‘Fast fashion’ holds a prominent position in the apparel industry despite the many problems associated with it, from labor conditions to clothing waste. In the three years since the tragic Rana Plaza factory collapse in Bangladesh, the revolt against fast fashion has gathered steam. Events such as Fashion Revolution Week and the adoption of business models that promote swapping and upcycling are signs that change is in the making.
One of the latest examples is the recent work of two Dutch designers. Alexander van Slobbe and Francisco van Benthum are taking production remnants from H&M, Mango, and Zara and making them their own. The result is “Hacked,” a project on display as part of the “Temporary Fashion Museum” at the Het Nieuwe Instituut in The Netherlands through May 8, 2016.
The designers describe the project as offering a “radical alternative to the growing range of fast-fashion chains,” and is intended to spur conversation on intellectual property, consumerism, and waste. Van Slobbe and van Benthum were frustrated by overproduction and the few protections for designers in the fashion world.
“You can take any design, introduce seven changes to it, and it’s a different product, while it remains directly visually recognizable,” van Slobbe said.
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He and van Benthum decided to ‘hijack’ production surplus and modify the retailers’ designs into new pieces by making changes, adding pockets, or adding embroidered details. In effect, they are using cheap excess materials and making a statement.
“We want to have this discussion because our contemporary time is about these issues,” van Benthum added. “Does the consumer even know there is so much deadstock in the world? There is far too much production for the demand, [so] instead of starting over again, we use what is already there, what might otherwise end up in the shredder.”
Footwear and outdoor gear company L.L. Bean also took a jab at fast fashion recently, with an advertisement titled, “When.”
“When did we stop valuing things that become better over time?” a voiceover asks in the ad. “When did disposable become the default?”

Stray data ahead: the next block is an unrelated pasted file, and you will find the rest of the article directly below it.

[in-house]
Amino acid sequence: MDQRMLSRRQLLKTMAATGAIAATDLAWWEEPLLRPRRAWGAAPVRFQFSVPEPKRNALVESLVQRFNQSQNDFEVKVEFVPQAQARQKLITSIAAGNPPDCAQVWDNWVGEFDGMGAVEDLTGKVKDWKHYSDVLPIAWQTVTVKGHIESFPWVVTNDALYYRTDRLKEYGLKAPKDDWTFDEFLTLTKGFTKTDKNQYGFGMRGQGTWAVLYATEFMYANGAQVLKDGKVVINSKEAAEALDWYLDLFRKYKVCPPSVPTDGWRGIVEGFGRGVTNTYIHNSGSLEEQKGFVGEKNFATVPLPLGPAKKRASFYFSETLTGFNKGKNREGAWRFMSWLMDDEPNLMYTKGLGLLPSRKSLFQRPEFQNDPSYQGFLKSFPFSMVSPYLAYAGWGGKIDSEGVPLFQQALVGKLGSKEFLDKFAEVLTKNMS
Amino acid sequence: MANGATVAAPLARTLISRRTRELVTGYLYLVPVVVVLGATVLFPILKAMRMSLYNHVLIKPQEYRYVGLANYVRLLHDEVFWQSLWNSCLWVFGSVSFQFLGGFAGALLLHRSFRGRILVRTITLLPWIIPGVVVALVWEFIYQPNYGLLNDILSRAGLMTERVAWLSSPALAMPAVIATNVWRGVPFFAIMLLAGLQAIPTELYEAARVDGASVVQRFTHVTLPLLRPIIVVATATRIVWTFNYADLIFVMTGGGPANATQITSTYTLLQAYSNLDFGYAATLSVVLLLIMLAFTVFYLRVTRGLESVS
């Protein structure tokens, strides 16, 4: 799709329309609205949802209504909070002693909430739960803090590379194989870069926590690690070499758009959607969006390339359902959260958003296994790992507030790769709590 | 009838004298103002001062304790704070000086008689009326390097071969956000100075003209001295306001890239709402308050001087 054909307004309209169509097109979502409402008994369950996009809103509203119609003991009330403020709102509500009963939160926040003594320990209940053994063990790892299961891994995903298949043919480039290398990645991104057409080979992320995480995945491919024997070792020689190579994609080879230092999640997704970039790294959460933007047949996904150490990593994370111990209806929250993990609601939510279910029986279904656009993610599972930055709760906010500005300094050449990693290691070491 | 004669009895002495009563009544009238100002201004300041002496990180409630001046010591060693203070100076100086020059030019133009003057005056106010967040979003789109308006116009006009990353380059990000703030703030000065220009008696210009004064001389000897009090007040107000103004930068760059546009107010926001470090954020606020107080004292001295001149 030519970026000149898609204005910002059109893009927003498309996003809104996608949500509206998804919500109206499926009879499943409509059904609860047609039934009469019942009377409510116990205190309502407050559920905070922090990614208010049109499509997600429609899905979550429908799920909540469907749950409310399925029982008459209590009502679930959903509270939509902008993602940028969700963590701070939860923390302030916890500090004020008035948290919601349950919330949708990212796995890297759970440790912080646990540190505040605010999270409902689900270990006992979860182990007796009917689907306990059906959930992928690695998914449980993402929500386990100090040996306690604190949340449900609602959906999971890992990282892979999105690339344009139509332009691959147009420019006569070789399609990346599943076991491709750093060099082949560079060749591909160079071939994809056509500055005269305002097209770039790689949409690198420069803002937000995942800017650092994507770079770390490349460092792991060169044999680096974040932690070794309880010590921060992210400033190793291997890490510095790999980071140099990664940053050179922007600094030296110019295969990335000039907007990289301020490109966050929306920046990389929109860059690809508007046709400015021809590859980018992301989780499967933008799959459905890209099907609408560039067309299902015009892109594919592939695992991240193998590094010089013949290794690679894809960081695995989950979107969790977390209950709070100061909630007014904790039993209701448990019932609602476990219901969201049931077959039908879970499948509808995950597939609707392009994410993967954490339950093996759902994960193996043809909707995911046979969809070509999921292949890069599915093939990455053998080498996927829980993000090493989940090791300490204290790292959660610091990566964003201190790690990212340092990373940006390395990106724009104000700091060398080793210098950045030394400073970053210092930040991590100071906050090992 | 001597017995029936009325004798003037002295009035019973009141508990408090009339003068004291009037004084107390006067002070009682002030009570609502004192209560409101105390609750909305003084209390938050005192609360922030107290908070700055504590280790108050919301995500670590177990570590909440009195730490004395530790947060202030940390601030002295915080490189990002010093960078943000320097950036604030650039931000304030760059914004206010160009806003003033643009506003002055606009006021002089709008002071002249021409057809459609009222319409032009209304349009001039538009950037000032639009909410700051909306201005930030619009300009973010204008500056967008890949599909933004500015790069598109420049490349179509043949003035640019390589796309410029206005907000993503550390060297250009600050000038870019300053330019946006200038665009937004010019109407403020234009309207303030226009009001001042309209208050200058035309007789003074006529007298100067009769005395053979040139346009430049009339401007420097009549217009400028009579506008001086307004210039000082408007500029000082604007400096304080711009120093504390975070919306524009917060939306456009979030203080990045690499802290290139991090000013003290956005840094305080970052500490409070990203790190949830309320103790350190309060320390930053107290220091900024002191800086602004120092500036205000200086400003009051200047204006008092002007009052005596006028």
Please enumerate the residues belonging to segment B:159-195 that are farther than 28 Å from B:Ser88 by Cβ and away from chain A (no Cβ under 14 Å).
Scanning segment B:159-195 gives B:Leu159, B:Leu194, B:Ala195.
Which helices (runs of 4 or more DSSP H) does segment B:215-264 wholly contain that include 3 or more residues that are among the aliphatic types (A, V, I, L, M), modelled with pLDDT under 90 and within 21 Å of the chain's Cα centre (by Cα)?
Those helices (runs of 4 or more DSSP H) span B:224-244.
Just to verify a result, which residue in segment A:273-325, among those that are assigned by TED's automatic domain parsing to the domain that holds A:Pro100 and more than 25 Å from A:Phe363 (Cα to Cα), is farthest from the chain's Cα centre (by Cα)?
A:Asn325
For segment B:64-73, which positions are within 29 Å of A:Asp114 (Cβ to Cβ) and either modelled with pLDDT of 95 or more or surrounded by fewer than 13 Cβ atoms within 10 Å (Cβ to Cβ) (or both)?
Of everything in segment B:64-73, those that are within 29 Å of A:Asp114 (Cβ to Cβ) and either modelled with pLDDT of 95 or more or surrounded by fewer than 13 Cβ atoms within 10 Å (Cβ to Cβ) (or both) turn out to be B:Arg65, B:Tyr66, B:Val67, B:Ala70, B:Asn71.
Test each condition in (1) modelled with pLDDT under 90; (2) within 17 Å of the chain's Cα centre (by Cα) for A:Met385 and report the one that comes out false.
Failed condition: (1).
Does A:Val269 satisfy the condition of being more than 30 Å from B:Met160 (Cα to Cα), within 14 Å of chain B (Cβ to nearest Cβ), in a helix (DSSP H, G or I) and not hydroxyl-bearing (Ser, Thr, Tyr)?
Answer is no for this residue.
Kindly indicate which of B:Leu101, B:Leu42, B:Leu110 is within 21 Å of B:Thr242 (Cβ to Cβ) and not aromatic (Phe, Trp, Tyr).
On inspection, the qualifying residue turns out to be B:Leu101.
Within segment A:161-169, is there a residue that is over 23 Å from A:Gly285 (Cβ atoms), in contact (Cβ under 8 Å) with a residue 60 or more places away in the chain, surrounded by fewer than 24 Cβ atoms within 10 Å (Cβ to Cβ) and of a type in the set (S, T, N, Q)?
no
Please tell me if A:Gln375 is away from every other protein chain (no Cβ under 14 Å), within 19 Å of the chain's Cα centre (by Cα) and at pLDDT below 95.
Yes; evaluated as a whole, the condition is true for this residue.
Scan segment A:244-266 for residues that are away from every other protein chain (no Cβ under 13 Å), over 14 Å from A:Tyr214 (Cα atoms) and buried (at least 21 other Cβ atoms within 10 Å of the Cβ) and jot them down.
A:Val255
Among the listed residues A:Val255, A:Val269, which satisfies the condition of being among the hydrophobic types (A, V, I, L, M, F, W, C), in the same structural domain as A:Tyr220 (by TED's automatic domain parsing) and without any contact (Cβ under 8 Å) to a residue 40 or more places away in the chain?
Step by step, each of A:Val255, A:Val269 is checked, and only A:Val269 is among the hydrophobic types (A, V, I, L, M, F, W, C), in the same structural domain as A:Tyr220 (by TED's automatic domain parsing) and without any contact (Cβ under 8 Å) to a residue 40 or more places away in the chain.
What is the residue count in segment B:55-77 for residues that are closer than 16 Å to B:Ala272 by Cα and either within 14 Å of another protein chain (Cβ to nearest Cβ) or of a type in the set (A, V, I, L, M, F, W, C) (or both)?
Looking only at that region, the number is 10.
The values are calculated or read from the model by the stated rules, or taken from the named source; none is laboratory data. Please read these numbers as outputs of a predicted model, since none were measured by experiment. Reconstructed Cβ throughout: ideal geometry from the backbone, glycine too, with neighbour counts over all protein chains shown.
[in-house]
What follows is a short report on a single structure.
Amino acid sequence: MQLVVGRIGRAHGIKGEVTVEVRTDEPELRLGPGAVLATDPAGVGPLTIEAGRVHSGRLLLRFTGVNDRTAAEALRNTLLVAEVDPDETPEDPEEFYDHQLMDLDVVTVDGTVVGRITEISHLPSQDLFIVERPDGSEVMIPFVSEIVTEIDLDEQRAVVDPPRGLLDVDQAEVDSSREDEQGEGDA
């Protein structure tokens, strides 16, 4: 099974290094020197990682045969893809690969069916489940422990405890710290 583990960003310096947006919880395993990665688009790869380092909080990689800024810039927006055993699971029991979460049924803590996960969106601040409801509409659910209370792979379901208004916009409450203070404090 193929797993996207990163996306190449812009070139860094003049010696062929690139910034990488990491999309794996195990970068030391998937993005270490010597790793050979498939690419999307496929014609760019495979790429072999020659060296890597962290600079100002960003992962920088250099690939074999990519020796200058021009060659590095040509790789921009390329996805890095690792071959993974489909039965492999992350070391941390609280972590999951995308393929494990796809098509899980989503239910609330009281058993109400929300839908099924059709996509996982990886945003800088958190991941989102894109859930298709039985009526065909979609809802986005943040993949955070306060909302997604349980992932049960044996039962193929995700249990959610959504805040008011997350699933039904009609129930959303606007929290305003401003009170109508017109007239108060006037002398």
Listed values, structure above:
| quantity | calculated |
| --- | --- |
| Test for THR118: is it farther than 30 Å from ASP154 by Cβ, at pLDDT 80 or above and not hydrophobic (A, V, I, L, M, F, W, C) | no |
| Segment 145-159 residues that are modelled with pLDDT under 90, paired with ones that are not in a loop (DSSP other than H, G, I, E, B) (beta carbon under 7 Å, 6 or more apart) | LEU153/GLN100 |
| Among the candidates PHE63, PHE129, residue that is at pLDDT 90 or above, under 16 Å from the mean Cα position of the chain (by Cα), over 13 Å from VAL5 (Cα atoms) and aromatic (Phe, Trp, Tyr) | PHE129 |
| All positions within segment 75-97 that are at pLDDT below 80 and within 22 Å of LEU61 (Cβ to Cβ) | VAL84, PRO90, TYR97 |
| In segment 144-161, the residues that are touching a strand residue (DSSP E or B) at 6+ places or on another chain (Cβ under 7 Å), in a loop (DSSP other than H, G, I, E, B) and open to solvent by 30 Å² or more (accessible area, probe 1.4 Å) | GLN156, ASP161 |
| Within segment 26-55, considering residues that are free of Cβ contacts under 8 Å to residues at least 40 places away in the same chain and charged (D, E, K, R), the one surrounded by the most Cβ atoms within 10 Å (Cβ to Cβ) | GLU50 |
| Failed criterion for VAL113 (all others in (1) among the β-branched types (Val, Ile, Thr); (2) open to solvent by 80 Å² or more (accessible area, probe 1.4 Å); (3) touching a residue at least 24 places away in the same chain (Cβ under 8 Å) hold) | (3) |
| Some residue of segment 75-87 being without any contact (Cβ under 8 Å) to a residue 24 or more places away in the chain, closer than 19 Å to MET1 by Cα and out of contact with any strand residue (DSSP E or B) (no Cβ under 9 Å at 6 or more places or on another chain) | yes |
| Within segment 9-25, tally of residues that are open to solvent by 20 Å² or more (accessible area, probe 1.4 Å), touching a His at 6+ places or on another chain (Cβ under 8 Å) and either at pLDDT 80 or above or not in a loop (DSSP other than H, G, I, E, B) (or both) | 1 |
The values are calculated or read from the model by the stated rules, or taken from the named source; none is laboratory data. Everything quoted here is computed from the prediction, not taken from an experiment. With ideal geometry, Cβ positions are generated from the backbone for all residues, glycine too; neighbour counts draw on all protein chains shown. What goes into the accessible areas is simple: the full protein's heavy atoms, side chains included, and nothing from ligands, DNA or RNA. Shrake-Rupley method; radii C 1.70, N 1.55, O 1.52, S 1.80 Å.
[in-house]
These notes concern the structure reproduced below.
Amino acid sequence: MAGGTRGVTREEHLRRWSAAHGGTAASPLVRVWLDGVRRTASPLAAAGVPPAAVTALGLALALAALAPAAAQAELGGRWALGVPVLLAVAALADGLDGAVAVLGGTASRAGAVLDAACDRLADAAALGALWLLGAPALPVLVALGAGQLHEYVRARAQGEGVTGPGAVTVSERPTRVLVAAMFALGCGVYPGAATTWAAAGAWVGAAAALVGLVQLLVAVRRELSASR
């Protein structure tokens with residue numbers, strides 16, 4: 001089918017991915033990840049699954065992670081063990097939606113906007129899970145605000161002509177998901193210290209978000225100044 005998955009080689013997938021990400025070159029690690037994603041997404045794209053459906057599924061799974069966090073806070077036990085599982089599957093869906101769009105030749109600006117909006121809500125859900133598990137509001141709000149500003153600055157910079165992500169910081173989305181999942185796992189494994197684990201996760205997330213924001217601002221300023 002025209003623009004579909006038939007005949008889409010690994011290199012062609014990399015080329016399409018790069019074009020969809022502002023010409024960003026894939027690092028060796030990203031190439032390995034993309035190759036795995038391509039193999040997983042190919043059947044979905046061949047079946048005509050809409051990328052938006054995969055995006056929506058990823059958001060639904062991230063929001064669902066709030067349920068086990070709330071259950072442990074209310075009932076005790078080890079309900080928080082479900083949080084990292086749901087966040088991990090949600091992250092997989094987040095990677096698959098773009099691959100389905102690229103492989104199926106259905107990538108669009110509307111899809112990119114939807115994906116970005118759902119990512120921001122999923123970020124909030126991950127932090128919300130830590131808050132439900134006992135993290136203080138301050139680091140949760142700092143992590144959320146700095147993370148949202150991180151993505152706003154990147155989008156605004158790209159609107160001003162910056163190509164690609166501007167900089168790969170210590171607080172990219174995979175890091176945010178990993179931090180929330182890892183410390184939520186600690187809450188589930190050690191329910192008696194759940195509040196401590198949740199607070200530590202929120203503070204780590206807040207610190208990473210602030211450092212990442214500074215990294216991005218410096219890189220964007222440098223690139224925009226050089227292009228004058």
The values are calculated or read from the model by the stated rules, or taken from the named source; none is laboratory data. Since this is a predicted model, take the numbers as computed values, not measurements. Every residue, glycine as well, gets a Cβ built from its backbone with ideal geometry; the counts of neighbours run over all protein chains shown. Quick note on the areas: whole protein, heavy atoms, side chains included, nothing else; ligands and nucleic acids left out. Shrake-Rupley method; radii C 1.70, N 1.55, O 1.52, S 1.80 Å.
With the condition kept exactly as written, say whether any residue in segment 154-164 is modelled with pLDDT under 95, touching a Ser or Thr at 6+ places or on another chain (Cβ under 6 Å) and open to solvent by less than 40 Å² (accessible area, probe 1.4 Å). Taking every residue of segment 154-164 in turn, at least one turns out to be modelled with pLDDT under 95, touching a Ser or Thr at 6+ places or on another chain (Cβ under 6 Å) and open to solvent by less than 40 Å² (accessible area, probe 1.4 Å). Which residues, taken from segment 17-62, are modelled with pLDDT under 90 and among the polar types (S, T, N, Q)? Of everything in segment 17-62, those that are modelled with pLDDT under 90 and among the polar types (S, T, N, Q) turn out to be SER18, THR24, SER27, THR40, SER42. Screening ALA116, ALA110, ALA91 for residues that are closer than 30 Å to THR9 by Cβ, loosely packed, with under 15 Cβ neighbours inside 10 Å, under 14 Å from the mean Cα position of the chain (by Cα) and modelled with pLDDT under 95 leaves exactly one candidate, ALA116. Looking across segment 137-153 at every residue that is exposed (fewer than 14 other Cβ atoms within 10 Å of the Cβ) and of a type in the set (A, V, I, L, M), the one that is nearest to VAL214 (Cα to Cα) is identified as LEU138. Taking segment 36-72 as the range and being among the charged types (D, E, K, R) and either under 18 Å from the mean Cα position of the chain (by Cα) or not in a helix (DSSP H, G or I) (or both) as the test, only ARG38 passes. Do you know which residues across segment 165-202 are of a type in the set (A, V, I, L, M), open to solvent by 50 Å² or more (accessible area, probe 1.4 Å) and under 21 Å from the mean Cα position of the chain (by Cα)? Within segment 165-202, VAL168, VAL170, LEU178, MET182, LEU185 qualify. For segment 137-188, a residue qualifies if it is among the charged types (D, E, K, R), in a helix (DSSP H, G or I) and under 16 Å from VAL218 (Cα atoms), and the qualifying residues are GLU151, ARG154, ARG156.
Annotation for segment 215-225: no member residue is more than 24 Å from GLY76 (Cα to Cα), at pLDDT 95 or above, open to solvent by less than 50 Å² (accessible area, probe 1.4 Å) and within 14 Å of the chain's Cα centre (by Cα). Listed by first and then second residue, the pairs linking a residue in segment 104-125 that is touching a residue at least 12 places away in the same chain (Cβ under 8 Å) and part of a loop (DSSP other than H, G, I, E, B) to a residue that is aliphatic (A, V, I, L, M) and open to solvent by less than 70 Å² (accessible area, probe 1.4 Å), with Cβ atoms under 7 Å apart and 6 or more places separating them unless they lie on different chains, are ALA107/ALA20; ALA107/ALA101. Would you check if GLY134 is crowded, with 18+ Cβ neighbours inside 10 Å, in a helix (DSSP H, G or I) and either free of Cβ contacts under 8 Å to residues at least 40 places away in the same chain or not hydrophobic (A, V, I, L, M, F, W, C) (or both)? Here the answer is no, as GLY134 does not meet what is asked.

L.L. Bean boasts a 104-year heritage, and the 45-second spot emphasizes that it makes products that last. According to Ecouterre, the company offshores much of its production but it is one of the few merchants to own and operate manufacturing facilities in the United States, where it continues to hand-make its signature duck boots.
Meanwhile, thrift store chain Savers staged an outdoor “clothing spill” installation on Seattle’s Alki Beach on Earth Day to remind people that “landfills shouldn’t be laundry piles.” Clothing and textiles were arranged to appear as if spilling out of oil drums, and pooling on the beach. Some drums were also positioned on the ground, with facts about fashion industry waste, such as, “North Americans send over 10.5 million tons of clothing to landfills every year, 95 percent of which could have been reused or recycled.” Others simply noted that “The clothing industry is one of the world’s biggest polluters.”
Consumers worldwide will buy around 80 billion pieces of new clothing this year alone, explained Tony Shumpert, vice president of recycling and reuse at Savers. “We think that’s a serious wardrobe malfunction.”
“We hope consumers will rethink reuse,” Shumpert added, “which includes shopping thrift, donating unwanted goods, and consuming in a more responsible way.”
H&M’s “World Recycle Week,” took place the same week; the retailer, often called a fast fashion brand itself, accepted clothing donations at its over 3,600 worldwide stores with a goal of collecting 1,000 tonnes of unwanted or worn out items.